An Interview with Pierre Jansen by Marco Werba
Originally published in CinemaScore #15, 1986/1987
Text reproduced by kind permission of the publisher Randall D. Larson and Marco Werba
Where did you study music, and how did you meet Claude Chabrol, the director with whose films you are associated?
I started studying piano and harmony at the Conservatoire de Roubaix, and then went to Brussels where I studied with Henry Sury, a composer who had previously scored many films and documentaries. I immediately thought that writing film scores was very interesting, since it could give me the possibility to hear at once what I had written and, at the same time, gives me the chance to make a living. I do also write concert music, but it doesn’t give me economic stability. Instead of making a living teaching music, as many composers do, I thought it was better to express my creativity through film music.
I think that if Bach and Mozart were alive today they would write film music. In their period they had a large number of commissions from the Royal courts and palaces, and those commissions were, in a certain way, similar to our contemporary film score commissions.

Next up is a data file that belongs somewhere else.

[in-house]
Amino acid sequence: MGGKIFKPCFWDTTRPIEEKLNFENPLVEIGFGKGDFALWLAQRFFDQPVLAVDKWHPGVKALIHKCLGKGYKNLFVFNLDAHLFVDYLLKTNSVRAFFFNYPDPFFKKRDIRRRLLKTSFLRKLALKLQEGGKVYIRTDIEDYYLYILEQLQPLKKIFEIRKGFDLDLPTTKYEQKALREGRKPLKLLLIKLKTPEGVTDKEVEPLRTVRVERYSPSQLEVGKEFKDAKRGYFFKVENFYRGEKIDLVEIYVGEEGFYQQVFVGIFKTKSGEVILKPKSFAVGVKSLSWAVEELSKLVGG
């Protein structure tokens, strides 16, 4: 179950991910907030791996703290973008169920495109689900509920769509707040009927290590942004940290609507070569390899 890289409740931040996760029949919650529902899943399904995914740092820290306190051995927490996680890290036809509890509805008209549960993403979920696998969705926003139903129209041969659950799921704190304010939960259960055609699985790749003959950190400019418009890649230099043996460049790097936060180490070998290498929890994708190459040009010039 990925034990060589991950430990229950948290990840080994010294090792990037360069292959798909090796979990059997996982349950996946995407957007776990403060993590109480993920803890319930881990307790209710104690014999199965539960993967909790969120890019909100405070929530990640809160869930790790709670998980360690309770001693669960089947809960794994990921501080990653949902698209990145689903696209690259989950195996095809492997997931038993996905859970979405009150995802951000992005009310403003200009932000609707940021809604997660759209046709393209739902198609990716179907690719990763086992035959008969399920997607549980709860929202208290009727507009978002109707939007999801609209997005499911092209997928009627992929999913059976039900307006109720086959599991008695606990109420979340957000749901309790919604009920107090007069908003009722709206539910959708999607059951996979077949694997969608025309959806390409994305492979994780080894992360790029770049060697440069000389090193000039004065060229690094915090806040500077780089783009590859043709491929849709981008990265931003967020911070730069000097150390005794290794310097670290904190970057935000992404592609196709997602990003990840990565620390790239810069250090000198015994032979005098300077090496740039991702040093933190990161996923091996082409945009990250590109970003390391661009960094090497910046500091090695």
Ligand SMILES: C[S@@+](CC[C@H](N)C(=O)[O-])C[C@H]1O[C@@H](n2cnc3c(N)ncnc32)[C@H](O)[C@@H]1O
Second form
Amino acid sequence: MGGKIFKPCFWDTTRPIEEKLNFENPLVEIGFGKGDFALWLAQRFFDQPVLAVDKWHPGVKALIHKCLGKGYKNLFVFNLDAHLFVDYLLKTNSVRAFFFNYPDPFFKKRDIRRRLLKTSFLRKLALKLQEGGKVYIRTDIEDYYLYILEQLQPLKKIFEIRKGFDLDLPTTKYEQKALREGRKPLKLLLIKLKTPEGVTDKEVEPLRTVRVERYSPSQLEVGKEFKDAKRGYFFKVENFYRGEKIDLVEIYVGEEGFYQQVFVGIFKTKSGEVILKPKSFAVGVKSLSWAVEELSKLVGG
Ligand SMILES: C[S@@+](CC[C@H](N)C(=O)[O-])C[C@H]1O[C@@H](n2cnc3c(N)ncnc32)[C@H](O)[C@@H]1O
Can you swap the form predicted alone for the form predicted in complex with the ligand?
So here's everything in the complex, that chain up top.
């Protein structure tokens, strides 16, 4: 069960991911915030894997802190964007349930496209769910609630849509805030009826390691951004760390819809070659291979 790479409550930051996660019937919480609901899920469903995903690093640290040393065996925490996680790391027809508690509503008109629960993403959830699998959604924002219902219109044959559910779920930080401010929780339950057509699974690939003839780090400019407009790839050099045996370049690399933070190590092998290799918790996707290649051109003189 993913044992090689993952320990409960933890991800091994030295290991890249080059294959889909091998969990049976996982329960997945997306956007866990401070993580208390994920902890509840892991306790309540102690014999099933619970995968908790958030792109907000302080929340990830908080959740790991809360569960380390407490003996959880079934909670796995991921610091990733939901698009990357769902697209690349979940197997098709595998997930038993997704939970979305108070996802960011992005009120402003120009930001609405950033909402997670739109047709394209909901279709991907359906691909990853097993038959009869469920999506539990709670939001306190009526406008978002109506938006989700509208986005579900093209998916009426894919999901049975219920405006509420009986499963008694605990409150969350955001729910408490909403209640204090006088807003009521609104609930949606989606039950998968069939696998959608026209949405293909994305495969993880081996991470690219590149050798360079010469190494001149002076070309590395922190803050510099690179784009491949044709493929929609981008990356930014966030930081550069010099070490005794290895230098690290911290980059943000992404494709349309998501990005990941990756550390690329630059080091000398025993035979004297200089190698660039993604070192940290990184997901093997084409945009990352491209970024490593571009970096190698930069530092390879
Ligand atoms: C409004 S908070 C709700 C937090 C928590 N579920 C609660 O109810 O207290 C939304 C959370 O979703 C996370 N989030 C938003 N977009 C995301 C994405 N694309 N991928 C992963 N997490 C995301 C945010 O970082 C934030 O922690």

I’m very glad I met Claude Chabrol. He loves and knows all about music, and he listens to a lot of Stravinsky, Debussy and Ravel. My first film score for him was LES BONNES FEMMES, in which there was a “cabaret” kind of music composed by Paul Misraki and the dramatic descriptive music that I wrote. From the beginning, Chabrol and I became good friends and we always worked together in perfect harmony. It’s not always easy to work with a director; sometimes you have to argue and fight! For LA DECADE PRODIGEUSE, I used a church organ during almost all the film and, at the end, I had to replace it with a “fanfare” of trumpets, since Chabrol wanted a strong sound. He has very precise ideas on how the music should be.
I was really scared of scoring LA DECADE PRODIGEUSE, due to the presence of Orson Welles. In the film there was a transformation of the “divinity” underlined by an instrumental change: from church organ to trumpets. My real problem was to find the right music for the Orson Welles image. I have good memories of this film and I am very proud of the music I wrote. I particularly appreciated a car chase sequence in which a 1920’s car is chased by another car. For this sequence I used the sound of church organ counterpointed by strings.
Can you discuss your score for L’ETAT SAUVAGE?
The ETAT SAUVAGE score is a symphonic portrait performed by Gianfranco Plenizio and recorded in Rome. The film was located in Africa during the independence period with its instability and danger. The music is not influenced by the African percussions but more by the music of Prokofiev. In the past I have written many kinds of music (tangos, waltzer, even juke-box music), but I prefer to use that kind only as source music and instead to write symphonic scores as narrative and descriptive music.